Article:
Sweeping her gaze across the shores of the loch to assure they remained alone, and noting the stalwart nearby presence of her loyal brother, Paden placed her right foot against the trunk, grasped a low branch, and yanked herself up. Straddling the tree with her long legs, she climbed, clinging to the gnarled face of the dense trunk. When she reached the top branch, she loosed a hearty laugh, mindful of the absurdity of her present predicament. There she was, stark naked, clinging to a tree all in the quest of a piece of fruit! Still, her brother was her best friend and would surely do the same for her.

Her thoughts drifted back to the many happy days she whittled away her time cavorting in the woods with Richard. As children, he had always served as her protector, and she loved him dearly for it.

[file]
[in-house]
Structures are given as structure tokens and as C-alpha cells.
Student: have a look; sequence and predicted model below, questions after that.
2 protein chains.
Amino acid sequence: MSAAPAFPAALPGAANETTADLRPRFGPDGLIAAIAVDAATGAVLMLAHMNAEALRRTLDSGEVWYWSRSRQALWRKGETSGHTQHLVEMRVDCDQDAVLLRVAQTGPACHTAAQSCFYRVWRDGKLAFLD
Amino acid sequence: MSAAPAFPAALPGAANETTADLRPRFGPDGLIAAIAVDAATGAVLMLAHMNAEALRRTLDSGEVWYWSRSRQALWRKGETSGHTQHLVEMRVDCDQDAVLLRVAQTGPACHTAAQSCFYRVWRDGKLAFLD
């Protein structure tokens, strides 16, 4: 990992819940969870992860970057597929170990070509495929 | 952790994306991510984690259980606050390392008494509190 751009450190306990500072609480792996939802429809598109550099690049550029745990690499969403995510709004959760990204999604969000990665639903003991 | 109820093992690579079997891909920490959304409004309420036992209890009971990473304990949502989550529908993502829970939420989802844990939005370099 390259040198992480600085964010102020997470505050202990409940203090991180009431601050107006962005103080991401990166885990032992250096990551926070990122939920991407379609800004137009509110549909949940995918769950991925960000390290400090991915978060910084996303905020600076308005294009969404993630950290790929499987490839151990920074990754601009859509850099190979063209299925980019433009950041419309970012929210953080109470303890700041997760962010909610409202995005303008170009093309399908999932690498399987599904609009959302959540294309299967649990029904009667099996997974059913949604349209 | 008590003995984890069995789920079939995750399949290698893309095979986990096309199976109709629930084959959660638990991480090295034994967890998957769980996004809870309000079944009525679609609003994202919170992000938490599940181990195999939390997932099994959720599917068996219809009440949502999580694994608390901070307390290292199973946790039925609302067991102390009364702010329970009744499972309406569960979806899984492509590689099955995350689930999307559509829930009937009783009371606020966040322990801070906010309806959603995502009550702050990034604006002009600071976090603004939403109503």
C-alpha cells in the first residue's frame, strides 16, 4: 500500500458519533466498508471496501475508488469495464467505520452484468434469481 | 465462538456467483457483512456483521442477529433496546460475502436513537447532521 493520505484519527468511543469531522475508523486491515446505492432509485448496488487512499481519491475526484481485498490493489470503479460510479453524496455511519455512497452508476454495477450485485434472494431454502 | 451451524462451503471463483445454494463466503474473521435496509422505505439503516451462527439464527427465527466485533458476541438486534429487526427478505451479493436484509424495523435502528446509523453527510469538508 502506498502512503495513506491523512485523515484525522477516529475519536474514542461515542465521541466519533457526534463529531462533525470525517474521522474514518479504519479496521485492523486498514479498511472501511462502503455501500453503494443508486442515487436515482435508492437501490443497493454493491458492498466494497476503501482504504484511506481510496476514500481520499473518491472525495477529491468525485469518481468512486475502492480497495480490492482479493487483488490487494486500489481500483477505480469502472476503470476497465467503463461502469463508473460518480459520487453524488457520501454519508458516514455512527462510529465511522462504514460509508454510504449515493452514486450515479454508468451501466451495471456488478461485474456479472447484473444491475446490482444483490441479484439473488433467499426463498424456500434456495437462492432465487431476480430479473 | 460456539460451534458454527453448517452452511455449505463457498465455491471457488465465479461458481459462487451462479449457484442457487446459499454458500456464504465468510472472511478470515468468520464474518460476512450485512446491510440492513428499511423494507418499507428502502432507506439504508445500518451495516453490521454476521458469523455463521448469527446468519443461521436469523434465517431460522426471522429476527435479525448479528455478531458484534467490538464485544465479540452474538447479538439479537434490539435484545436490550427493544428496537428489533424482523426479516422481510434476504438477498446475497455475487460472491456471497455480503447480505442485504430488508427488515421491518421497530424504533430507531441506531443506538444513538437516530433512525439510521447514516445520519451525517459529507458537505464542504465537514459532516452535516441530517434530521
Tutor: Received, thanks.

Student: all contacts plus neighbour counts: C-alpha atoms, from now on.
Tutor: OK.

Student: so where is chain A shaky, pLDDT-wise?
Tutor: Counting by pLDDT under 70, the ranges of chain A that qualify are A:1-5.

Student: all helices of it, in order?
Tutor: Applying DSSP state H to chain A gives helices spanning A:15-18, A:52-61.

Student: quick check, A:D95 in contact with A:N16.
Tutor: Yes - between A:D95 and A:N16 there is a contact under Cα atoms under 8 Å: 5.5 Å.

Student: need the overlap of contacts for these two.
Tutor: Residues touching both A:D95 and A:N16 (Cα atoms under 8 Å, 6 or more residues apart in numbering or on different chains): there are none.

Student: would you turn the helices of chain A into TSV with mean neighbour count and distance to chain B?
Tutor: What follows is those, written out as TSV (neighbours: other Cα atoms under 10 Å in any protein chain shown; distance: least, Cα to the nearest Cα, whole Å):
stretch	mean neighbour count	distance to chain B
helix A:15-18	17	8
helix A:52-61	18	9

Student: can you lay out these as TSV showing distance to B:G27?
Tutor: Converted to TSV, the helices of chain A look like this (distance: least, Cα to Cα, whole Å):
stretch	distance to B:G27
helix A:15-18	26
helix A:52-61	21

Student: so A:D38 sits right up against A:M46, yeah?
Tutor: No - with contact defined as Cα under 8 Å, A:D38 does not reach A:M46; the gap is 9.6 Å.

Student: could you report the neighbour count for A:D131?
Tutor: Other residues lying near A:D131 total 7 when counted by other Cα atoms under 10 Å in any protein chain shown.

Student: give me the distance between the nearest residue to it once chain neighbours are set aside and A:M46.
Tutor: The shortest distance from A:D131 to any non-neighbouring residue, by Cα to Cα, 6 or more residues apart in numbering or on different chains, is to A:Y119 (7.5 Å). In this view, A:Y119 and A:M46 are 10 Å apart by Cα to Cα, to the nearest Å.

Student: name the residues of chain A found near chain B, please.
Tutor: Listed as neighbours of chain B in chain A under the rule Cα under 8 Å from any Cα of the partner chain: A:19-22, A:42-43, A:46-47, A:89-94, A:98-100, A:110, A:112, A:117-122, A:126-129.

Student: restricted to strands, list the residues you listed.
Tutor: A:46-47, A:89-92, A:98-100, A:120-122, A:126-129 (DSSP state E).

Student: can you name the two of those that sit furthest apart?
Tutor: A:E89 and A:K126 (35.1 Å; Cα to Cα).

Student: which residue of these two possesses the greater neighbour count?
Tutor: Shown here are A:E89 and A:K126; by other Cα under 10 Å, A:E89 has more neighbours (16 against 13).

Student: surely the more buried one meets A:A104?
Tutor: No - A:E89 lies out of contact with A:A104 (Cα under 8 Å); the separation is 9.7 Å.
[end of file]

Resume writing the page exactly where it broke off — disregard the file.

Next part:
One particular memory coaxed a smile to curl her lips. One bright summer day, knowing his sister’s passionate fear of bees, Richard had stood guard as she gathered flowers in a glade. Each time a bee would fly near her, he would clap his hands and squash the bee in midair. One time, however, the bee managed to sting him before meeting its end. Richard simply gritted his teeth, shook off the pain, and continued to protect her.

Richard’s voice beckoned her back to the present.

“Paden, I must ask. Just what the devil are ye doing, and why does it sound like your laughter is coming from the bloody sky?”

“Ye will find out soon enough. Just keep your eyes open. I dinna relish the idea of anyone seeing me at this particular moment.”

At the proclamation of her absurd quandary, she found it impossible to contain her mirth and her effervescent laughter echoed amongst the towering trees.

Richard begged leave from his sister to investigate a noise he’d heard through the trees.

“What’s wrong, Richard?”

“’Tis surely naught. I’ll be back in two shakes of a lamb’s tail.”

“Very well. Just dinna linger,” she called after him.

Confidant they remained unwatched, Paden crept ever closer to the end of the limb that held the pear. With care, she pried back the last small branch that obstructed the view of her elusive quarry. It whipped back at her, sending a mass of her black hair into her face.